Call it the corporate version of the American recovery act: Intel spearheads $3.5B cleantech investment initiative

Intel and more than two dozen venture capitalists pledge $3.5B to ramp investment in cleantech innovation.

I guess someone still has money to spend: Intel President and CEO Paul Otellini has outlined a new $3.5 billion investment fund called the Invest in America Alliance (how can you argue with that name?) His proposition is that the business world needs to carry its share of the investment the United States needs to renew its position in innovation.

Otellini outlined the new effort in a speech called "Rebuilding the Foundations of American Growth," which he gave at The Brookings Institution in Washington, D.C. Intel has provided a transcript of the speech along with other press materials here.

Here's the skinny.

Intel Capital (which is Intel's investment fund) along with 24 venture capital firms have pledged to commit $3.5 billion in investments into U.S.-based technology companies over the next two years. The investments will notably be targeted at innovation in clean technology and biotechnology. Areas specifically mentioned include: molecular diagnostics, bioinformatics, electric vehicle ecosystem and wireless infrastructure. Intel alone has created a $200 million Intel Capital Invest in America Technology Fun.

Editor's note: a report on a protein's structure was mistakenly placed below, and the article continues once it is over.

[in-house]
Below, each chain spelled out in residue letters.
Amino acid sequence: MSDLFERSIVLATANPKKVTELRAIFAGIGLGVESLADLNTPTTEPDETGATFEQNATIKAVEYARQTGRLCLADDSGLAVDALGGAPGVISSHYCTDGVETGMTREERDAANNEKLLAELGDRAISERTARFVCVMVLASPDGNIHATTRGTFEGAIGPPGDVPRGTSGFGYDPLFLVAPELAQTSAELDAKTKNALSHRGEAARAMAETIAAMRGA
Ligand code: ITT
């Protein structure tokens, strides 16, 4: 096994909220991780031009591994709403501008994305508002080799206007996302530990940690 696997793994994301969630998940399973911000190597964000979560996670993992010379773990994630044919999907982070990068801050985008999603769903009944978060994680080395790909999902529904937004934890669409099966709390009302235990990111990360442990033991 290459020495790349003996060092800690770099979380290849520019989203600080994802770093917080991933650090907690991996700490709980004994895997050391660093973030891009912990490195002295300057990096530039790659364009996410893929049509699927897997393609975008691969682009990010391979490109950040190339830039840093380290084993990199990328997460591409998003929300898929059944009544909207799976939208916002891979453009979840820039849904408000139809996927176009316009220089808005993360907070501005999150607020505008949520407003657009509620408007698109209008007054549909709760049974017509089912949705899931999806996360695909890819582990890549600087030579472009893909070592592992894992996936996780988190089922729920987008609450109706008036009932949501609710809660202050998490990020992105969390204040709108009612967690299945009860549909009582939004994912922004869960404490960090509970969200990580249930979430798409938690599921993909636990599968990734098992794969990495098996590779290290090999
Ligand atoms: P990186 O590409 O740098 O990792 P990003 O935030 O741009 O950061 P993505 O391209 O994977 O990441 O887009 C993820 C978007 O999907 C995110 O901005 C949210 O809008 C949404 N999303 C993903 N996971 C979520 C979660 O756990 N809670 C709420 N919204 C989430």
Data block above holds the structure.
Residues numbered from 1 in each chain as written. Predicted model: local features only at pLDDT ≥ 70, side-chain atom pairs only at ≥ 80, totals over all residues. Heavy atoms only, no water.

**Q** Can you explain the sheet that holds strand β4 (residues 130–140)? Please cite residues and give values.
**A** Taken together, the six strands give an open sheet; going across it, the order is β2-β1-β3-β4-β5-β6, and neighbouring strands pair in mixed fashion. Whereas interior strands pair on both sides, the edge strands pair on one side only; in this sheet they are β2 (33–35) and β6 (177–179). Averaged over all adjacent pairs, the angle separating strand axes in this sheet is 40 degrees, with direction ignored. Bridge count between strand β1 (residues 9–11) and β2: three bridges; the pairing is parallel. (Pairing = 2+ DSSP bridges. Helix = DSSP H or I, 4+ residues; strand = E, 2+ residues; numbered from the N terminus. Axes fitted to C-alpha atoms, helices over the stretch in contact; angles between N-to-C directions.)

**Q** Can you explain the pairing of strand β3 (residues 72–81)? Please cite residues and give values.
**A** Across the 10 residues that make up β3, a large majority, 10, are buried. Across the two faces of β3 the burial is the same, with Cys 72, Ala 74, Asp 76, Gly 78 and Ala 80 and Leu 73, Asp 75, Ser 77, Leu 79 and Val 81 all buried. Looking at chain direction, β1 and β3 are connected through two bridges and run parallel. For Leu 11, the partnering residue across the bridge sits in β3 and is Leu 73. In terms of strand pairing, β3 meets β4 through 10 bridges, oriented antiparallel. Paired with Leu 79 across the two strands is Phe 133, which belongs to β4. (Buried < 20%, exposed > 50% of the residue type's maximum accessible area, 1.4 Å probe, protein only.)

Here's the list of participating venture capitalists: Advanced Technology Ventures, Braemar Energy Ventures, Bridgescale Partners, Canaan Partners, DCM, Draper Fisher Jurvetson, Flywheel Ventures, Good Energies, Institutional Venture Partners, Investcorp Technology Partners, Khosla Ventures, Kleiner Perkins Caufield & Byers, Menlo Ventures, Mohr Davidow Ventures, New Enterprise Associates, North Bridge Venture Partners, QuestMark Partners, Sevin Rosen Funds, Storm Ventures, Telesoft Partners, Updata Partners, U.S. Venture Partners, Venrock and Walden International.

Aside from all that moolah, Intel has convinced 17 high-profile high-tech companies and businesses to redouble their efforts to hire college graduates. Some have pledged to double the amount of recent graduates they recruit. Aside from Intel, the companies are Accenture, Adobe Systems, Autodesk, Broadcom, CDW, Cisco, Dell, eBay, Inc., EMC, GE, Google, HP, Liberty Mutual Group, Marvell Semiconductor, Microsoft and Yahoo!

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